By Joe Kashi, for the Redoubt Reporter
High-quality photo printing is the art of getting from black to white as elegantly as possible.
This week, let’s look at one possible method of zeroing in on the best possible print from a digital image. It’s much easier with modern digital photography tools and far more controllable than in film and chemical days.
Typically, you’ll need a bit of pure black in the darkest shadows of a photographic print, but typically not too much, so that your prints have a sense of solidity and strength to them. You’ll need a touch of pure paper base white in the highlights so there’s sparkle and life to your prints but, again, not too much.
Shadow and highlight areas usually should have texture and show fine detail rather than blanking out into large areas of pure black and pure white, which are distracting and usually visually unpleasant.
- Before adjusting exposure, be sure you’ve corrected any problems with the overall color balance of the image. Color balance can affect proper exposure, so it’s wise to make a first order color balance correction prior to adjusting exposure and contrast. Be sure you do this with a calibrated system where “what you see is what you get.” Otherwise, any changes will be hit or miss. After you’ve made your first order corrections to exposure and contrast, go back and fine-tune color balance to eliminate any overall color casts. For example, if you make a snow scene a bit darker, then bluish colors may become more pronounced and require correction.
- Overall printing exposure should be just right, so that the intermediate tones are neither too dark overall nor too light. The “right” exposure depends on the subject and how you want to treat it, so there’s no hard-and-fast rule. Even a small exposure change, on the order of .33, more or less, can make a big difference in the appearance of your final print. Instead of simply guessing and wasting expensive materials, I suggest you first make smaller proof prints using the same computer, printer and photo paper, but at varying exposures. Make notes of what exposure you’ve used for each test print. After deciding which test print looks best for that photograph, check your notes and reset your exposure darker or lighter as needed. Then make the full-size enlargement.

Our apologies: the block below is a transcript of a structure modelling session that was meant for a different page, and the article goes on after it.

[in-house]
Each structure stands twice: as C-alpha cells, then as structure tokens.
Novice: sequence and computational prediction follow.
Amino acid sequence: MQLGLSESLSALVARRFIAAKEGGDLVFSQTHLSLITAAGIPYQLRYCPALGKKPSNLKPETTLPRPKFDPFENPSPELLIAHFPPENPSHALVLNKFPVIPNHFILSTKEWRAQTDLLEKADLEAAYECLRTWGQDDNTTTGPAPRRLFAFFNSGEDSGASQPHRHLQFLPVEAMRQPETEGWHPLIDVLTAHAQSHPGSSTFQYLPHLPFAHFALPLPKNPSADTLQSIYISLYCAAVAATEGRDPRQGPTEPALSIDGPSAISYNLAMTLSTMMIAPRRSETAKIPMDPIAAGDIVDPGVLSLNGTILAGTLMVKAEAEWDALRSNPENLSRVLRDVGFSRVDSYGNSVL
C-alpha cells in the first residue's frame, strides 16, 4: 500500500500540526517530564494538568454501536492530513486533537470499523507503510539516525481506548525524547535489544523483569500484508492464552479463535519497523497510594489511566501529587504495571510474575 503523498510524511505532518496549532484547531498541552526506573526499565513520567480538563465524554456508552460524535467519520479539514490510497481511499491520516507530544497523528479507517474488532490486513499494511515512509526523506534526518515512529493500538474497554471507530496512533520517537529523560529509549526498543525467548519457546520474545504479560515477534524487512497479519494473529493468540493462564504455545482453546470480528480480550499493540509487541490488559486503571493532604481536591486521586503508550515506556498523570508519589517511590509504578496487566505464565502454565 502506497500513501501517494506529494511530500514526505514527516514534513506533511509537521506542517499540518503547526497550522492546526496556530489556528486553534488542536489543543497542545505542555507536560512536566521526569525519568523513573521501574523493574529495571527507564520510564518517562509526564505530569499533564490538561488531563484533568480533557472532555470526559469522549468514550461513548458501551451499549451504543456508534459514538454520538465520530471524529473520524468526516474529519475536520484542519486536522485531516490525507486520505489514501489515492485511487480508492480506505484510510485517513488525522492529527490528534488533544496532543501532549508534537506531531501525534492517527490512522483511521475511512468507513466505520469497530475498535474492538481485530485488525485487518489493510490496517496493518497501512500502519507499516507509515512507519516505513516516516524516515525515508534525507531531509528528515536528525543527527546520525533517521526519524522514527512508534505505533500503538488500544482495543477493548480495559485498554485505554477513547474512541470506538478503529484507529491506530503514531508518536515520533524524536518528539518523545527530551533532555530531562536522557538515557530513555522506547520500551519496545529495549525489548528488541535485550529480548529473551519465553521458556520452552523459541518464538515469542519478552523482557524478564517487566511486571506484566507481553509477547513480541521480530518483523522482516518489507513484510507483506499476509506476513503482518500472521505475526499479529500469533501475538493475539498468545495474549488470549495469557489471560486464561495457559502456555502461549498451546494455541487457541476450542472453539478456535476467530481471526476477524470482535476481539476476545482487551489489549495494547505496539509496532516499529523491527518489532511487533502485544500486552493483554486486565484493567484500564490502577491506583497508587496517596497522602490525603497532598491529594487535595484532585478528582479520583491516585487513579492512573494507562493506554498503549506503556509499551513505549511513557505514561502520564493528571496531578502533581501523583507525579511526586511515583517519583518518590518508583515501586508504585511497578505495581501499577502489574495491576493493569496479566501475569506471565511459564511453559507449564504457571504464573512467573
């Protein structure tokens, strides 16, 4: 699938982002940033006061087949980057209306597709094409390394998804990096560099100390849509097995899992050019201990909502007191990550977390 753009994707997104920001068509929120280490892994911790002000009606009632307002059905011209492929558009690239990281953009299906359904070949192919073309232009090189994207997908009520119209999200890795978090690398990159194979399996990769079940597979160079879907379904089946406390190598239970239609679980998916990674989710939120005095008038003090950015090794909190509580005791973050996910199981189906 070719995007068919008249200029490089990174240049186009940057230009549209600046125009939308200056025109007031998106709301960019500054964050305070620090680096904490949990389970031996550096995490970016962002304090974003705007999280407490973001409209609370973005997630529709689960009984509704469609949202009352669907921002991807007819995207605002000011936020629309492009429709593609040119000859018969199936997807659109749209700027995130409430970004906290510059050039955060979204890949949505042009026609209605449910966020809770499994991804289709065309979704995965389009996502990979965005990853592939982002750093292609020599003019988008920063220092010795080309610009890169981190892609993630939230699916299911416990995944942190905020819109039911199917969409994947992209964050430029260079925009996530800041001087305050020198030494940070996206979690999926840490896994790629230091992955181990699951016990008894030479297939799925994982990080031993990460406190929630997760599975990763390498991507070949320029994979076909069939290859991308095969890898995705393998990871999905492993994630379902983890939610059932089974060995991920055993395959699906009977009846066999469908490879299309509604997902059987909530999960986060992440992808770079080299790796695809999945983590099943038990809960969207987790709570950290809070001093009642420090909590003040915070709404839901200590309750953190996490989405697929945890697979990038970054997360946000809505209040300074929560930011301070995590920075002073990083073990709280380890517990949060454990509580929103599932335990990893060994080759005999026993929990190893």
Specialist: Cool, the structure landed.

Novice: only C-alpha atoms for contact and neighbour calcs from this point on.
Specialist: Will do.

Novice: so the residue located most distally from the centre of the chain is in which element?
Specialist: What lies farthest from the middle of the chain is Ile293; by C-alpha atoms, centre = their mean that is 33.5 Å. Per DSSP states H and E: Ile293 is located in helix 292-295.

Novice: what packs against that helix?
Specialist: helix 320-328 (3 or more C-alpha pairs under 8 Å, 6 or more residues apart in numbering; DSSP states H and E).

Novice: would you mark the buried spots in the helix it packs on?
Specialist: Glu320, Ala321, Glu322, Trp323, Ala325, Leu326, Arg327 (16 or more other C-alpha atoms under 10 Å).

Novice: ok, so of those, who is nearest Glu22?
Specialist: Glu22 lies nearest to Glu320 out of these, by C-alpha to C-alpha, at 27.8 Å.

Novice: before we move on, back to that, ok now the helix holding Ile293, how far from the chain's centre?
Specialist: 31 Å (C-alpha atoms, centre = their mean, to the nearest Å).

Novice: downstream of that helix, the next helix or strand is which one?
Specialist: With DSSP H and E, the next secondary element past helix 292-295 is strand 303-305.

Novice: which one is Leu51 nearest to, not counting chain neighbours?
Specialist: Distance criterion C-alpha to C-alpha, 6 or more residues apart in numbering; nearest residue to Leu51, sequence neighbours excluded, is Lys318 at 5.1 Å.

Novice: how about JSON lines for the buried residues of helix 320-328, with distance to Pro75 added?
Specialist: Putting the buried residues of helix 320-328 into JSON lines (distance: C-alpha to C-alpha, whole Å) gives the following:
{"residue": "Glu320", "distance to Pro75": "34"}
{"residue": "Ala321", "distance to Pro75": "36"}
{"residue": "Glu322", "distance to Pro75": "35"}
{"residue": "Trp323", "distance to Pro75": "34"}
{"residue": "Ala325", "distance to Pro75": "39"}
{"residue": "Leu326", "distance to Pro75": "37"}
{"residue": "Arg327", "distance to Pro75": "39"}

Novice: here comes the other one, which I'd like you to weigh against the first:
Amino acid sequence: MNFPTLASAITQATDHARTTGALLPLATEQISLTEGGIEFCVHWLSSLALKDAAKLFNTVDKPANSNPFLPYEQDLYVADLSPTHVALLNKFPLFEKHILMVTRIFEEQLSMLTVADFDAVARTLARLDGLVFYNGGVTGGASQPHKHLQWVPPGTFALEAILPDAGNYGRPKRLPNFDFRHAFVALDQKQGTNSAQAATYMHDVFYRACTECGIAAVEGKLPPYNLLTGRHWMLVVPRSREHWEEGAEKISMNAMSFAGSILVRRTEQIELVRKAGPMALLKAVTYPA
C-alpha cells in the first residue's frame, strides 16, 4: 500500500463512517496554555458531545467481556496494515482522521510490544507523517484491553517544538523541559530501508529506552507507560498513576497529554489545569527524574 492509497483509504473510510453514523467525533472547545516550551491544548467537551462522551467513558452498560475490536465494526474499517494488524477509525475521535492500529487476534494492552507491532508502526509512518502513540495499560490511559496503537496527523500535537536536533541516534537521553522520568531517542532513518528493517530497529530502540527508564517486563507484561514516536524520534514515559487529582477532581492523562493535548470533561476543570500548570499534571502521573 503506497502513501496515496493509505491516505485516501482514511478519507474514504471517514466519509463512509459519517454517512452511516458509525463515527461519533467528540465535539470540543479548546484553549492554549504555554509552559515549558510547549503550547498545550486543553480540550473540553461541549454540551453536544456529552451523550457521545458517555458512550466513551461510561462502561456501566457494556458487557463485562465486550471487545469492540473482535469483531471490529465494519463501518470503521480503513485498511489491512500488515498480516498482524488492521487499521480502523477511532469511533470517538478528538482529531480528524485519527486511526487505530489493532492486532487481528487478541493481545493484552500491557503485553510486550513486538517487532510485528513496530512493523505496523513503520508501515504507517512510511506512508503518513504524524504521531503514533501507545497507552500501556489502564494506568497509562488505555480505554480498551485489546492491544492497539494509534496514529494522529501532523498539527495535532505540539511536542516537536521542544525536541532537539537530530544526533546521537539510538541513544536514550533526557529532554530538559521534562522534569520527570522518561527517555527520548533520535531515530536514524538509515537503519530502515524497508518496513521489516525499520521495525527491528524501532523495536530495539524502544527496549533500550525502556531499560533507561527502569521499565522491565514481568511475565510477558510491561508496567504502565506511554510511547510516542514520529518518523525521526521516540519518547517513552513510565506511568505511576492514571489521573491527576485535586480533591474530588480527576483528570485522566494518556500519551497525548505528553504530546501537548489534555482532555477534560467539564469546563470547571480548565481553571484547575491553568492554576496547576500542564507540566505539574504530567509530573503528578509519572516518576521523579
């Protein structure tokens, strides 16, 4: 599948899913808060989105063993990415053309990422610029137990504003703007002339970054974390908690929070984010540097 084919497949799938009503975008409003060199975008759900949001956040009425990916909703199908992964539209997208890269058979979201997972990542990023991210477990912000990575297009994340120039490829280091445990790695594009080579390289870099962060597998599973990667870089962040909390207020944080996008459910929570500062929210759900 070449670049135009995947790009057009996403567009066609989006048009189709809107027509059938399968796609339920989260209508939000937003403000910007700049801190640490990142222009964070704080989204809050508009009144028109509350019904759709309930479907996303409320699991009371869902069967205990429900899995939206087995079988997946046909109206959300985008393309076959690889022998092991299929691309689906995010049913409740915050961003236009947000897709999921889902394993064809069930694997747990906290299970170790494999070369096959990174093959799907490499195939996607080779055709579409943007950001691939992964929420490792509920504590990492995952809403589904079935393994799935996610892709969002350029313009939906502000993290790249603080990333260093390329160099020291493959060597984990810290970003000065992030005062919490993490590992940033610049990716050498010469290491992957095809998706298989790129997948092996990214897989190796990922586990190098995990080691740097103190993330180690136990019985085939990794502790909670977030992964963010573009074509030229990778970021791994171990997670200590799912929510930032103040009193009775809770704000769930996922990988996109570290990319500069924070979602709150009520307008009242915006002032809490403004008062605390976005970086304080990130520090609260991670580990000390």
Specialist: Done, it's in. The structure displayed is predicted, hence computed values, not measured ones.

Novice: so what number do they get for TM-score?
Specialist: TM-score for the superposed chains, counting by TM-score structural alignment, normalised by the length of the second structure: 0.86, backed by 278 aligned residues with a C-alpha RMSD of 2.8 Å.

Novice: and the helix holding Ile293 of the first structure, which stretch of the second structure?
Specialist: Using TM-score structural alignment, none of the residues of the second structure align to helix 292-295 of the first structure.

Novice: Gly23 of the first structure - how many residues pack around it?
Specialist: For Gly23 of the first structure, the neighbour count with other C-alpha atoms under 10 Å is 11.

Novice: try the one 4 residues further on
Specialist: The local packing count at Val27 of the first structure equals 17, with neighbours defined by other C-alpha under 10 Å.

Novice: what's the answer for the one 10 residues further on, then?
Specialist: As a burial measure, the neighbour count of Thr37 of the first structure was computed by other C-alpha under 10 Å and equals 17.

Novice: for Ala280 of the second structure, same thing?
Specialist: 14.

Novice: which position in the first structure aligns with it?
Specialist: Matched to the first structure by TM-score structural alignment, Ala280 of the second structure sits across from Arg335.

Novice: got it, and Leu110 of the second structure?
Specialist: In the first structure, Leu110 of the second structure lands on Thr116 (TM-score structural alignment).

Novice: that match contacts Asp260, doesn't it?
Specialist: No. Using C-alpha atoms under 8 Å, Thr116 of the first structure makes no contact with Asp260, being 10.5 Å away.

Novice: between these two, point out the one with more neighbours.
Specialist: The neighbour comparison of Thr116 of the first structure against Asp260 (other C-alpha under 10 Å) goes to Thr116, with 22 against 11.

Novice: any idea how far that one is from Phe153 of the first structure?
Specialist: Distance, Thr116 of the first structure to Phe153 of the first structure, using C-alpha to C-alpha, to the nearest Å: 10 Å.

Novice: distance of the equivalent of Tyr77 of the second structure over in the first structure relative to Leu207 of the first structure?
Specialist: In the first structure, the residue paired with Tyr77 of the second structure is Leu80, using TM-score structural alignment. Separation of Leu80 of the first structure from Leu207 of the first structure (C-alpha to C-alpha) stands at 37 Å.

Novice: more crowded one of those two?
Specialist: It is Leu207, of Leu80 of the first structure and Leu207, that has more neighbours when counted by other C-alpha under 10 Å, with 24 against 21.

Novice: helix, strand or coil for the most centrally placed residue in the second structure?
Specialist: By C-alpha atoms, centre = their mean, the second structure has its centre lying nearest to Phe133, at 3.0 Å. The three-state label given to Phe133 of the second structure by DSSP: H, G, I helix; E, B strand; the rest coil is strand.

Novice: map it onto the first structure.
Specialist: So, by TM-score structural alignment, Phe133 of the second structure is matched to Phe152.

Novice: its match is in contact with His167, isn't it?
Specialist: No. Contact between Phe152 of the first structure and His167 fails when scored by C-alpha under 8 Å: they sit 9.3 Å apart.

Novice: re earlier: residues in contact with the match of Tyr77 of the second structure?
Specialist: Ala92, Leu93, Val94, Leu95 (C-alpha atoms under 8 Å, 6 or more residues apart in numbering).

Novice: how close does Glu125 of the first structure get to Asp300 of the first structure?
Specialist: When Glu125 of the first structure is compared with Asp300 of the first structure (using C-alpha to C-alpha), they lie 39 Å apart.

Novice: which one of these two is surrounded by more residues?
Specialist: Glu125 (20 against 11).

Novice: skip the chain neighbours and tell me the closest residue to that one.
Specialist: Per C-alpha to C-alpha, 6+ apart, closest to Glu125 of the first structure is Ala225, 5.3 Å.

- Assuming that exposure looks about right, it’s time to adjust the contrast, which determines how quickly intermediate tones change from dark to light. Incorrect contrast is probably the biggest single problem with photographic prints. It’s generally easy to spot when contrast is set too high — the print appears stark, with strong areas of featureless black and white, but little in between. There are occasions when higher contrast results in very striking images, but you’ll need to recognize when you’ve gone over the top when increasing contrast. Prints that lack sufficient contrast look gray, weak and generally lifeless. There’s no other way to describe it. Make a few test prints at different contrast and “curve” settings to see what seems to work best for your image.